Thursday, June 11, 2020
The lesson of the ginkgo
May, if you recall, was the coldest ever in Chicago, with a polar vortex that dropped down from Canada and scorched the area's budding plant life, including the ginkgo biloba tree in our front yard just as it was blooming. So instead of sprouting its distinctive fan-shaped leaves when it was supposed to, it grew stunted little brown nubbins.
I took this personally.
"I killed it," I wailed, disconsolate. "The tree survives 270 million years and I killed it."
The ginkgo, in case you don't know, is a living fossil. When the Tyrannosaurus Rex showed up on Earth, the ginkgo was already almost 200 million years old.
Taxonomically, there is nothing remotely like it. The ginkgo exists in its own division—Ginkgophyta—its own class, order and family and genus. To find a close living relative, another ginkgo-like tree, you have to go back to the Pliocene epoch, three million years ago.
The perfect tree for a loner or eccentric. Frank Lloyd Wright loved them. Planted about 10 years ago on the parkway through a program with the village that splits the costs of trees. So not just a wonder, but a bargain. Dying before me.
To make matters worse, this was the tree brushed when that 50 foot evergreen fell over in an ice storm the day after Thanksgiving, 2018. The toppling tower missed me by 10 feet, snapped off one branch of the ginkgo. But the main tree was miraculously spared, still symmetrical and lovely. It escaped that fate, only to be slain by a few missing degrees of temperature in May, like a runner collapsing a few feet short of the finish line, dead.
What to do?
Northbrook, the leafy suburban paradise, has a forester of course, Terry Cichocki, and we know each other, my having phoned her enough times over the past two decades to consult, either for stories, or for some other tree that was giving me trouble.
I phoned her again, not seeking help—what can be done for a scorched tree?—so much as to commiserate, to talk to someone who I knew would care, and to confirm that nothing could be done, that the frozen finger of fate had done its cruel business.
What she said surprised me.
A second sprouting, she explained, will occur and the tree will be fine. Do nothing. Maybe we'll toss some extra fertilizer on it to give that second set of leaves the extra oomph they need to push into their 270 millionth spring.
Second set of leaves? Who knew? I was overjoyed.
The village came by, the fertilizer was spread. This week the leaves appeared. Just before my 60th birthday, the perfect present. Maybe that helped in my uncharacteristic reaction to the milestone. I was not introspective or sullen or irked. Not sad or depressed or melancholy. No conjuring up the life of celebrity and success, the pale blue Teslas, that might have been mine had I only been a different person doing everything differently. None of that bullshit. When my wife asked how it felt to be 60, I held up my hand and started ticking off the men I knew who died in their 50s—"Steve Neal, Jeff Zaslow, Andrew Patner" and others. Turning 60 was a gift I would gladly accept. It sure beat the alternative.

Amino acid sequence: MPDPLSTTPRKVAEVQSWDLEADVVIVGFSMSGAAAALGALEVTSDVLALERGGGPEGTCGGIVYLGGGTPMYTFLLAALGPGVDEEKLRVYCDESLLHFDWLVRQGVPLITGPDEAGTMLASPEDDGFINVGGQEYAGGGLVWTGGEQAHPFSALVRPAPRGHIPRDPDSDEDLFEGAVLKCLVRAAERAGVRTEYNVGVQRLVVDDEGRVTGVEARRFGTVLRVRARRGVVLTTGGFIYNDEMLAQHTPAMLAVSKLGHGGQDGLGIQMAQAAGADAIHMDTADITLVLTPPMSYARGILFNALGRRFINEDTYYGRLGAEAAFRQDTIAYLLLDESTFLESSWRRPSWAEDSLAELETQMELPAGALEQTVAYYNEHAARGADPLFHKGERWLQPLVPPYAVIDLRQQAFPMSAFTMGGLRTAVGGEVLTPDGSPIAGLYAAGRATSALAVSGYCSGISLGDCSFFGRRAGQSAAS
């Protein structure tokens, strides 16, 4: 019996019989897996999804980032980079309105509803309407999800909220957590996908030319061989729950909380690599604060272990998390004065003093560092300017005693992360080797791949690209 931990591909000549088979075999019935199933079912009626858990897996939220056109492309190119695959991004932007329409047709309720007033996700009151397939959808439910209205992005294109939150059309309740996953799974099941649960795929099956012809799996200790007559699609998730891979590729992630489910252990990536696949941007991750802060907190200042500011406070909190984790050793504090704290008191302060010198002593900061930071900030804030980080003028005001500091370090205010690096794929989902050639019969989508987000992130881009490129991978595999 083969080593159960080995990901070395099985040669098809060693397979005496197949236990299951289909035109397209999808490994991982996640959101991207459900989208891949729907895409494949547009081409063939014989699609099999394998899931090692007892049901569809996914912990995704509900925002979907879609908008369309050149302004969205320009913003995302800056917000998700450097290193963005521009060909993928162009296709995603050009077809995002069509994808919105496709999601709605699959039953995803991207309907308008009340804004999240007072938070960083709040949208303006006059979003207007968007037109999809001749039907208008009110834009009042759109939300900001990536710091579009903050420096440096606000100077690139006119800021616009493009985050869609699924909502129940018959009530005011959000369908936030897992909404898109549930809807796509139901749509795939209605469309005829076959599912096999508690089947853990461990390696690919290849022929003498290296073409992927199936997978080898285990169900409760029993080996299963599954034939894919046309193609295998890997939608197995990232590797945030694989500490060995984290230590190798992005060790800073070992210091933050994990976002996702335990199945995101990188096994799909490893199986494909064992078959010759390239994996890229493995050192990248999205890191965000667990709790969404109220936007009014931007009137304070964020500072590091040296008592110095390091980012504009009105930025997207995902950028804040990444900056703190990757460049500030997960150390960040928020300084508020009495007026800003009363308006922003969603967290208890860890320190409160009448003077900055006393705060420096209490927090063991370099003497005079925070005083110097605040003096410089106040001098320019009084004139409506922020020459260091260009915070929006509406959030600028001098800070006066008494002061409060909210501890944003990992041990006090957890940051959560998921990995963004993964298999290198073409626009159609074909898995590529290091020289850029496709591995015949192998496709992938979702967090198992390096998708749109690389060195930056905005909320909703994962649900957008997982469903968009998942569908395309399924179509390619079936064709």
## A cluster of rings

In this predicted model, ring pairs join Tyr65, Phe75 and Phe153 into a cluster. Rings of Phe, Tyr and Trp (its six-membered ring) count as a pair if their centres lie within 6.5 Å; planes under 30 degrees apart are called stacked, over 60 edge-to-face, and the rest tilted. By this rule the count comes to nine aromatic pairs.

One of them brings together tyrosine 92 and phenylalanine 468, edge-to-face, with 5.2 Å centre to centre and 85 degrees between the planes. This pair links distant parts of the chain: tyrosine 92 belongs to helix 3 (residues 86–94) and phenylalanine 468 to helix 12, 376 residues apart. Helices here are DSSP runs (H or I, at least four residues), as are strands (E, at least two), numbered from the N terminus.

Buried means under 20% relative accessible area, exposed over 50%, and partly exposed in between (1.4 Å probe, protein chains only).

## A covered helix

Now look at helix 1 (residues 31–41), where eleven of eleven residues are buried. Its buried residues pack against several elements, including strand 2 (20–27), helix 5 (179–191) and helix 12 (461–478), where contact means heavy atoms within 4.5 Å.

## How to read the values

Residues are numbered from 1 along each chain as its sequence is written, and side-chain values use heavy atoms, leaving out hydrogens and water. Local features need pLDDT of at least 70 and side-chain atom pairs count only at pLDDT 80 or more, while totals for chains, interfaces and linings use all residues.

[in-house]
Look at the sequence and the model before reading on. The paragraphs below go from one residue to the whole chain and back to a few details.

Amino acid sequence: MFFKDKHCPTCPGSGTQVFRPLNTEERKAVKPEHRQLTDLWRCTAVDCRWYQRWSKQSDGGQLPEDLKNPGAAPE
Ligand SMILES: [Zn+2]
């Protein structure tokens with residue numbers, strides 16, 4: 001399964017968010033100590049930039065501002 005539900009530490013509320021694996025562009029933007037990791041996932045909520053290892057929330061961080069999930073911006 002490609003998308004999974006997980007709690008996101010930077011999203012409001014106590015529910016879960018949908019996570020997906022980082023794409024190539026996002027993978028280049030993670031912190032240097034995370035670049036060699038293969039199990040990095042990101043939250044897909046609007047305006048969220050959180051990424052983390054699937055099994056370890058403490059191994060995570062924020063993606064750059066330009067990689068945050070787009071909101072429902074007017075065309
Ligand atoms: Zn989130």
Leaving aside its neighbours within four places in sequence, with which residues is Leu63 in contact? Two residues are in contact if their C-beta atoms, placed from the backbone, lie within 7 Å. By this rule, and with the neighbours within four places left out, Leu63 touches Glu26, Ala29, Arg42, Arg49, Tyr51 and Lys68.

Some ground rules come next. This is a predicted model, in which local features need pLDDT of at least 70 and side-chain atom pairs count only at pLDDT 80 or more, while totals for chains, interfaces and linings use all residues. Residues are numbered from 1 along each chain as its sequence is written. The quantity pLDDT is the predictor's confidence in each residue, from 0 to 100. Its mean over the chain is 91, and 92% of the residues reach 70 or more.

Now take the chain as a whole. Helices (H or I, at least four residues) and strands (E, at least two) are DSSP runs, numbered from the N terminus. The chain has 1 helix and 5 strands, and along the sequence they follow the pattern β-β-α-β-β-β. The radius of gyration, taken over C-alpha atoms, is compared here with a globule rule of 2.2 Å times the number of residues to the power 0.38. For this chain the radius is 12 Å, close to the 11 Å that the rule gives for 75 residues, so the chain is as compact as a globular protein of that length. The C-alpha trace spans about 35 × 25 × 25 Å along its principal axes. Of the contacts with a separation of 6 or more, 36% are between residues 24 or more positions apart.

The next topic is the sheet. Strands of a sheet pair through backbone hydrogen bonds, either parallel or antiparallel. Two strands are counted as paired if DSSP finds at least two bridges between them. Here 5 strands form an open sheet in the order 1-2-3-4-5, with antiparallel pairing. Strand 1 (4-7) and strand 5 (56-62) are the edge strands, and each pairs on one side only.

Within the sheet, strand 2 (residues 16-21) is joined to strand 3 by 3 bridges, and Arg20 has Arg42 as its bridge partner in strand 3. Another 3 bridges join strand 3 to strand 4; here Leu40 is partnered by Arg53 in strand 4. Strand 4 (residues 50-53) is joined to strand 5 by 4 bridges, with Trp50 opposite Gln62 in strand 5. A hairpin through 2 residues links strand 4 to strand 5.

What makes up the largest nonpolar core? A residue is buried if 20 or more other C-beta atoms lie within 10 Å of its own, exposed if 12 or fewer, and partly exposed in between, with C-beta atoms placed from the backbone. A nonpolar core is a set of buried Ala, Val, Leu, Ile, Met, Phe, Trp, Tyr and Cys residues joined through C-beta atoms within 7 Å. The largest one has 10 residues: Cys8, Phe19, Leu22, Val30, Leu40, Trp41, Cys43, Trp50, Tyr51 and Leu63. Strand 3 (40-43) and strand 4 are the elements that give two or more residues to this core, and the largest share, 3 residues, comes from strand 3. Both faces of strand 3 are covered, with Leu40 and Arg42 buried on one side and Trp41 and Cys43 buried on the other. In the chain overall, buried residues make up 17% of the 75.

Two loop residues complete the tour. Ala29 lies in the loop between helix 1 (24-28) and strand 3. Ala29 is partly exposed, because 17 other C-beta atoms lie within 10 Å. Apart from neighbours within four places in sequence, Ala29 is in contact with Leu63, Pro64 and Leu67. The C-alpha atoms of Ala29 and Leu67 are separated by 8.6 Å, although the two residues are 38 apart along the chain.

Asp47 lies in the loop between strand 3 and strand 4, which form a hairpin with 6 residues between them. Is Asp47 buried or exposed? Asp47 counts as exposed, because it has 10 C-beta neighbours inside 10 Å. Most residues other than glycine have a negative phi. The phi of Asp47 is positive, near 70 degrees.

Maybe it wasn't the tree, but the triple crisis going on in America—plague then recession then civic upheaval. The least a person who finds himself secure in all that is not to complain about the spinning clock. You'd have to be an idiot. Which is certainly within my repertoire. But not this time.
I was also relieved. I had written a headline for my column Wednesday on race in America that rather than intrigue potential readers instead drove them away, in droves. Seven hundred comments in the first hour on Twitter, and, from the handful I looked at, most were of the "Fuck you, I'm not reading this," variety. Maybe the headline would have been fine last month, or next month, but now what I intended as a fish hook was acting as a spike. "Read the room," someone commented, sharply. Even as I was calling the paper to confer, the powers that be were pushing out a second headline that worked far better. Now instead of offending black Americans I was offending white bigots, like I'm supposed to.
Timing and luck are important. It's best if the nearby evergreen never falls. And best to bloom when the weather is going to stay warm.
But if it does fall, at least is should miss you. If you push out your verdant display at the wrong moment and get scorched, then you have to be adaptive. You need a second set of leaves—or another headline—in reserve. A tree doesn't survive 270 million years without being resilient and having a few tricks up its ... ah, branches. I've written a column for the Sun-Times with my picture on it since 1996, and lived through this mini-vortex to bloom another day. That's the lesson of the ginkgo.